Chile: Day 2


Yesterday we awoke to bluebird skies and warmer temperatures, which had all of us stoked to hit the slopes. Jamie Oman, lined us all up with new goggles to test to compare styles, cuts, lenses and more from the previous days eyewear testing.

We shredded around the entire mountain for a good three hours and then took a much needed lunch break with some cervezas. The decks were packed with tons of sunray seekers from across the globe enjoying the few remaining weeks of winter here in the Southern Hemisphere. After an hour lunch break we split up into two groups, where we would test new snowboard and ski backpacks for the Fall 2008 season. I unpacked my camera bag and grabbed a few lenses, a body and flash to capture what laid a head of us into a snowboard backpack.

Jamie Oman, Ryan Evert and Erik Leines headed to the sister resort of Colorado to take some laps on Ryan’s friends sleds and shred the gnar. Seth Morrison, Dave Steiner and myself rode to the top of Valle Nevado to hike out and up a neighboring peak that was out of bounds.

Seth, Dave and I started our trek at 3:30pm, not really the best time be heading into the backcountry at resort that shuts their lifts down at 5pm. But none the less we charged forward, knowing full well the hike would take about an hour. Half way up the hike I heard the sound of glass sloshing around in my Oakley Snowboard Backpack that we were testing. So, I stopped and opened up the pack to find that the filter to my 70-200mm lens had shattered. For one it was my fault for thinking I could carry camera equipment in a snowboard pack and two it took me a while to clean out the shards of glass. By the time I looked back up Seth and Dave were long on their way to the top.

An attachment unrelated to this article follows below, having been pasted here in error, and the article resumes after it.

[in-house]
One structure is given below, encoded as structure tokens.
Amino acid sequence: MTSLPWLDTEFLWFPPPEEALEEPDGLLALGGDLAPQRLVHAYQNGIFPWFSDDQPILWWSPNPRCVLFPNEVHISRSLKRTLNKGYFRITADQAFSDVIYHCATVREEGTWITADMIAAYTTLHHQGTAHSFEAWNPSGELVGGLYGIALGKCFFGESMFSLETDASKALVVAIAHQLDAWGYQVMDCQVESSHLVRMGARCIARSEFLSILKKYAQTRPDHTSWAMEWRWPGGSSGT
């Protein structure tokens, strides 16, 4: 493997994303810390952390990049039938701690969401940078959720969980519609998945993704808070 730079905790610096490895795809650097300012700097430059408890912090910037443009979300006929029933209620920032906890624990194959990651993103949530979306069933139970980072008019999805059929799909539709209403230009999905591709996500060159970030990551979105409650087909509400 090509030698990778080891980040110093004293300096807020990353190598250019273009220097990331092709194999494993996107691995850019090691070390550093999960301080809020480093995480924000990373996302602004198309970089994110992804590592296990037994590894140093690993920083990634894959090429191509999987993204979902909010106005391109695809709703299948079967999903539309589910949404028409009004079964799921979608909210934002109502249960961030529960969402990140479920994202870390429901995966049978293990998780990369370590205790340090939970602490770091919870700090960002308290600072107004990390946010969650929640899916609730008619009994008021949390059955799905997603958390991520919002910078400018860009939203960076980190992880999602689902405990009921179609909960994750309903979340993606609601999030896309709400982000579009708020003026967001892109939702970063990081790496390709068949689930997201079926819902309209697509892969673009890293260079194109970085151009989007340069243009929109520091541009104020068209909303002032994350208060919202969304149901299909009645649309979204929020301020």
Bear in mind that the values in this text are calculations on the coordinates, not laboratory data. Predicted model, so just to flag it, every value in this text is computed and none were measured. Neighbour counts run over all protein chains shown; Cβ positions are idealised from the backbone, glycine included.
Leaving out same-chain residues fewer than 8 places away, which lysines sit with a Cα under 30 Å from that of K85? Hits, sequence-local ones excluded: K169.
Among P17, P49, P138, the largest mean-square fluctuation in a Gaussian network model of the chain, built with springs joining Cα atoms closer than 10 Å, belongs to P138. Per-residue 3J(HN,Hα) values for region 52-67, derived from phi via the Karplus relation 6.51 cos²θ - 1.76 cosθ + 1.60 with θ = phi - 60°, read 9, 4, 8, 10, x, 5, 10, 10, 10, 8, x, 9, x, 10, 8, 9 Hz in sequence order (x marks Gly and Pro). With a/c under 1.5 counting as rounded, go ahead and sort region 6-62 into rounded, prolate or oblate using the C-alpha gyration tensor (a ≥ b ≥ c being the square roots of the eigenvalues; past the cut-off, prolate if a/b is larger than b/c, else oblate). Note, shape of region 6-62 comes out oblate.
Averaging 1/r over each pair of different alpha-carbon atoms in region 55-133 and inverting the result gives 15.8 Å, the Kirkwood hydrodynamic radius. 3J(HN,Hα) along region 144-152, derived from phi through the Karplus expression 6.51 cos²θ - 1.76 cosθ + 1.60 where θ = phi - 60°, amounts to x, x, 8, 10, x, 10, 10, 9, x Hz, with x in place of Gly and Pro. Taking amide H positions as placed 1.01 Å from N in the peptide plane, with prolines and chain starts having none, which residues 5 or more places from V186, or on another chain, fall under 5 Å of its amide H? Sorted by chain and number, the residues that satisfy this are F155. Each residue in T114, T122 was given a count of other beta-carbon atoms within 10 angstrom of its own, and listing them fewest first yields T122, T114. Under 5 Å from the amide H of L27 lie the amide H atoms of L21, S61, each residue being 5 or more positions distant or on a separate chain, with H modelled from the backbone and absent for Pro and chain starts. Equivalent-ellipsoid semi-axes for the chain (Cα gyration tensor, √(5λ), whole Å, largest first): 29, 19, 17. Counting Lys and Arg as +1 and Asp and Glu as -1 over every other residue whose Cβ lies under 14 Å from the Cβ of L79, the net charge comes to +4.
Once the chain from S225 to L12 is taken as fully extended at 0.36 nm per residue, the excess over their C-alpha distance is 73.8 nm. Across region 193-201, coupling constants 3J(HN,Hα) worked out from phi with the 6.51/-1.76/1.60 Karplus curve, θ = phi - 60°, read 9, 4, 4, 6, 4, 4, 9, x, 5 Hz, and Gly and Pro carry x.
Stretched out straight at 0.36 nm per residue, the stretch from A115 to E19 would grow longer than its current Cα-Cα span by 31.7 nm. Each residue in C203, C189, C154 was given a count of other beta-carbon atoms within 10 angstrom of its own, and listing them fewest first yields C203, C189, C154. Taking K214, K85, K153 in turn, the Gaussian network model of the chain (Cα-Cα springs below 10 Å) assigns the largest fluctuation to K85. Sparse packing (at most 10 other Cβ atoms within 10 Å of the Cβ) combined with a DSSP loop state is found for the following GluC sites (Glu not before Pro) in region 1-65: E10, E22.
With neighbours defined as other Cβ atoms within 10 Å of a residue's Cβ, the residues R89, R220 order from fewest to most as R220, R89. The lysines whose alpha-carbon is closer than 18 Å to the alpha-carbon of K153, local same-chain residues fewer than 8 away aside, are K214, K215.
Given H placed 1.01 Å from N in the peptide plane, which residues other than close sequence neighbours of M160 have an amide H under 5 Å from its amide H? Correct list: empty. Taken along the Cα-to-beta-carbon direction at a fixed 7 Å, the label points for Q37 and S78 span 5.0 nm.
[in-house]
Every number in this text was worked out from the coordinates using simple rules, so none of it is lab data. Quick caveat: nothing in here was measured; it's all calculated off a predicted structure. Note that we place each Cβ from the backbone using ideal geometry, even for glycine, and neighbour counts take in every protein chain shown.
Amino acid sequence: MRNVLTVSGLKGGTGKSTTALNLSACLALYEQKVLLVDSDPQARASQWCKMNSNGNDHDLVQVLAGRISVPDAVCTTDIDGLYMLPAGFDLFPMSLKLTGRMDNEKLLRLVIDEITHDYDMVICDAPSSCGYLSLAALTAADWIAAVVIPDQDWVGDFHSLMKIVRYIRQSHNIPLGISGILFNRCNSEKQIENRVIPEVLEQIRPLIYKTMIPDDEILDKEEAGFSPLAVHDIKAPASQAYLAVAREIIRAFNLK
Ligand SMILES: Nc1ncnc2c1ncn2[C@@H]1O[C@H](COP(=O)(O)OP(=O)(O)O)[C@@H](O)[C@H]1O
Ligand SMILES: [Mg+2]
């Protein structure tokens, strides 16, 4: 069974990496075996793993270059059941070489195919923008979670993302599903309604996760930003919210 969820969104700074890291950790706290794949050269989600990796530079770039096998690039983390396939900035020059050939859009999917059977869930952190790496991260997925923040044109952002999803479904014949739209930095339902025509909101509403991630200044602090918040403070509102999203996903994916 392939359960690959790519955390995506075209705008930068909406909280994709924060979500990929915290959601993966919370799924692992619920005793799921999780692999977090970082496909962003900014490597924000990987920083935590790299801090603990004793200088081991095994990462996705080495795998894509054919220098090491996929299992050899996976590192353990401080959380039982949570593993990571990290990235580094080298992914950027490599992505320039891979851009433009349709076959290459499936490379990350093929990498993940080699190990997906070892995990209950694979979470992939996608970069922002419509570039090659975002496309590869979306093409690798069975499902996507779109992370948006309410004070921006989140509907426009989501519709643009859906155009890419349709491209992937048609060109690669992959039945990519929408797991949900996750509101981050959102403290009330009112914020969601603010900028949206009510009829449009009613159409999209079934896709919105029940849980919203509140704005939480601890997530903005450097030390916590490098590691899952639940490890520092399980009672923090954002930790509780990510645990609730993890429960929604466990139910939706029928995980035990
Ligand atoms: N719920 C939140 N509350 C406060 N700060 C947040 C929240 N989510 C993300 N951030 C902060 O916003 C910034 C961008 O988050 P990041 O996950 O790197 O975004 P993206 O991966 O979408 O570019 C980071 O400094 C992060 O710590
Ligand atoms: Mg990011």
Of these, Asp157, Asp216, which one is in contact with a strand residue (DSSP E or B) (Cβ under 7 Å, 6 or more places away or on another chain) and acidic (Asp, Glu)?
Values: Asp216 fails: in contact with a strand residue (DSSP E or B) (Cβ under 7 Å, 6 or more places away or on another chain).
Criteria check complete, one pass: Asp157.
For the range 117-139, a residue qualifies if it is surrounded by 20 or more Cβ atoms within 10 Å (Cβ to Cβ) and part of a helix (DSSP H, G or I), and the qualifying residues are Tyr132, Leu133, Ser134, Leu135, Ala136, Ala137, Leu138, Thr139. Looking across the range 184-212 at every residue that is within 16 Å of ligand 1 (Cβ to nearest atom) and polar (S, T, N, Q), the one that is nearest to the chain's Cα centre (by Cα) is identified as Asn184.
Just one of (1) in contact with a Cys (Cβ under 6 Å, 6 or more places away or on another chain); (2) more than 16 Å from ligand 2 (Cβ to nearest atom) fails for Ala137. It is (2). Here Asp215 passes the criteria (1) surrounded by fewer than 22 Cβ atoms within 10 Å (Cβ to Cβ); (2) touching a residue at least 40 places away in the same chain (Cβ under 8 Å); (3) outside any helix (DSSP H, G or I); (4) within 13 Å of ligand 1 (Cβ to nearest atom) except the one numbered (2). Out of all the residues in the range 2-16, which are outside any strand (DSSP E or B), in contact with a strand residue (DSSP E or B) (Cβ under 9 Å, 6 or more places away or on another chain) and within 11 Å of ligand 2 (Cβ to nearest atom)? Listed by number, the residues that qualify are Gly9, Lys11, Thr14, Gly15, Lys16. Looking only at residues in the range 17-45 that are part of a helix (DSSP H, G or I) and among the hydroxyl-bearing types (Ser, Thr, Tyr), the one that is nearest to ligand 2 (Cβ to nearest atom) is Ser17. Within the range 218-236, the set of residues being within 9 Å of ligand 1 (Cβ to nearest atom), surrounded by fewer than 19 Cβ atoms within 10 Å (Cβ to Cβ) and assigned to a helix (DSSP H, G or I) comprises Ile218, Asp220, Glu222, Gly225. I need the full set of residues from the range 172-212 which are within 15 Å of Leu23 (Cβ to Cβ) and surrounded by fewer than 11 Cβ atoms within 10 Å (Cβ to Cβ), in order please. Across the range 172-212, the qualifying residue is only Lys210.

I continued to hike, only to find that the snow pack on the ground was very hard, I mean so hard that my snowboard boots could not even break the surface of the snow. After giving some thought to this and realizing it’s pretty stupid to follow skiers up hikes out of bounds due to how they can skin, ski and hike faster than snowboarders; I ventured off to the side to take a break and snap some photos.

Time passed and I started to wonder how the boys were doing, just as I was about lose hope at 4:45pm Steiner called my cell. They were ready to drop and get the hell out of the backcountry as the clouds had moved in at this point. Seth and Dave fired down the steep icy run that would later be labeled the “Fanny Pack Hell Run.” Once they made it to my point on the mountain we checked out our best way to get back to the resort. After we figured out our game plan it was a free for all to get down to the Poma lift. Once Steiner and I made it down to the Poma, immediate disappointment set in as we realized the lifts had stopped running and Seth was taking off behind a sled by rope tow. Not knowing if we would get the same pull out, Steiner and I began another hike in the white abyss that was sky had become. After about ten minutes of hiking the sled was back to save the day.

We finally made it down to the resort and jumped right into the man sees-pole, aka – the hot tub at Valle Nevado. After a few beers and watching Steiner receive a not so pleasant face shot climbing out the pool, it was time for dinner.

Today we hit the backcountry on sleds, the story will be up tomorrow morning first thing with tons of photos – so check back soon as the crew ventures into the unknown.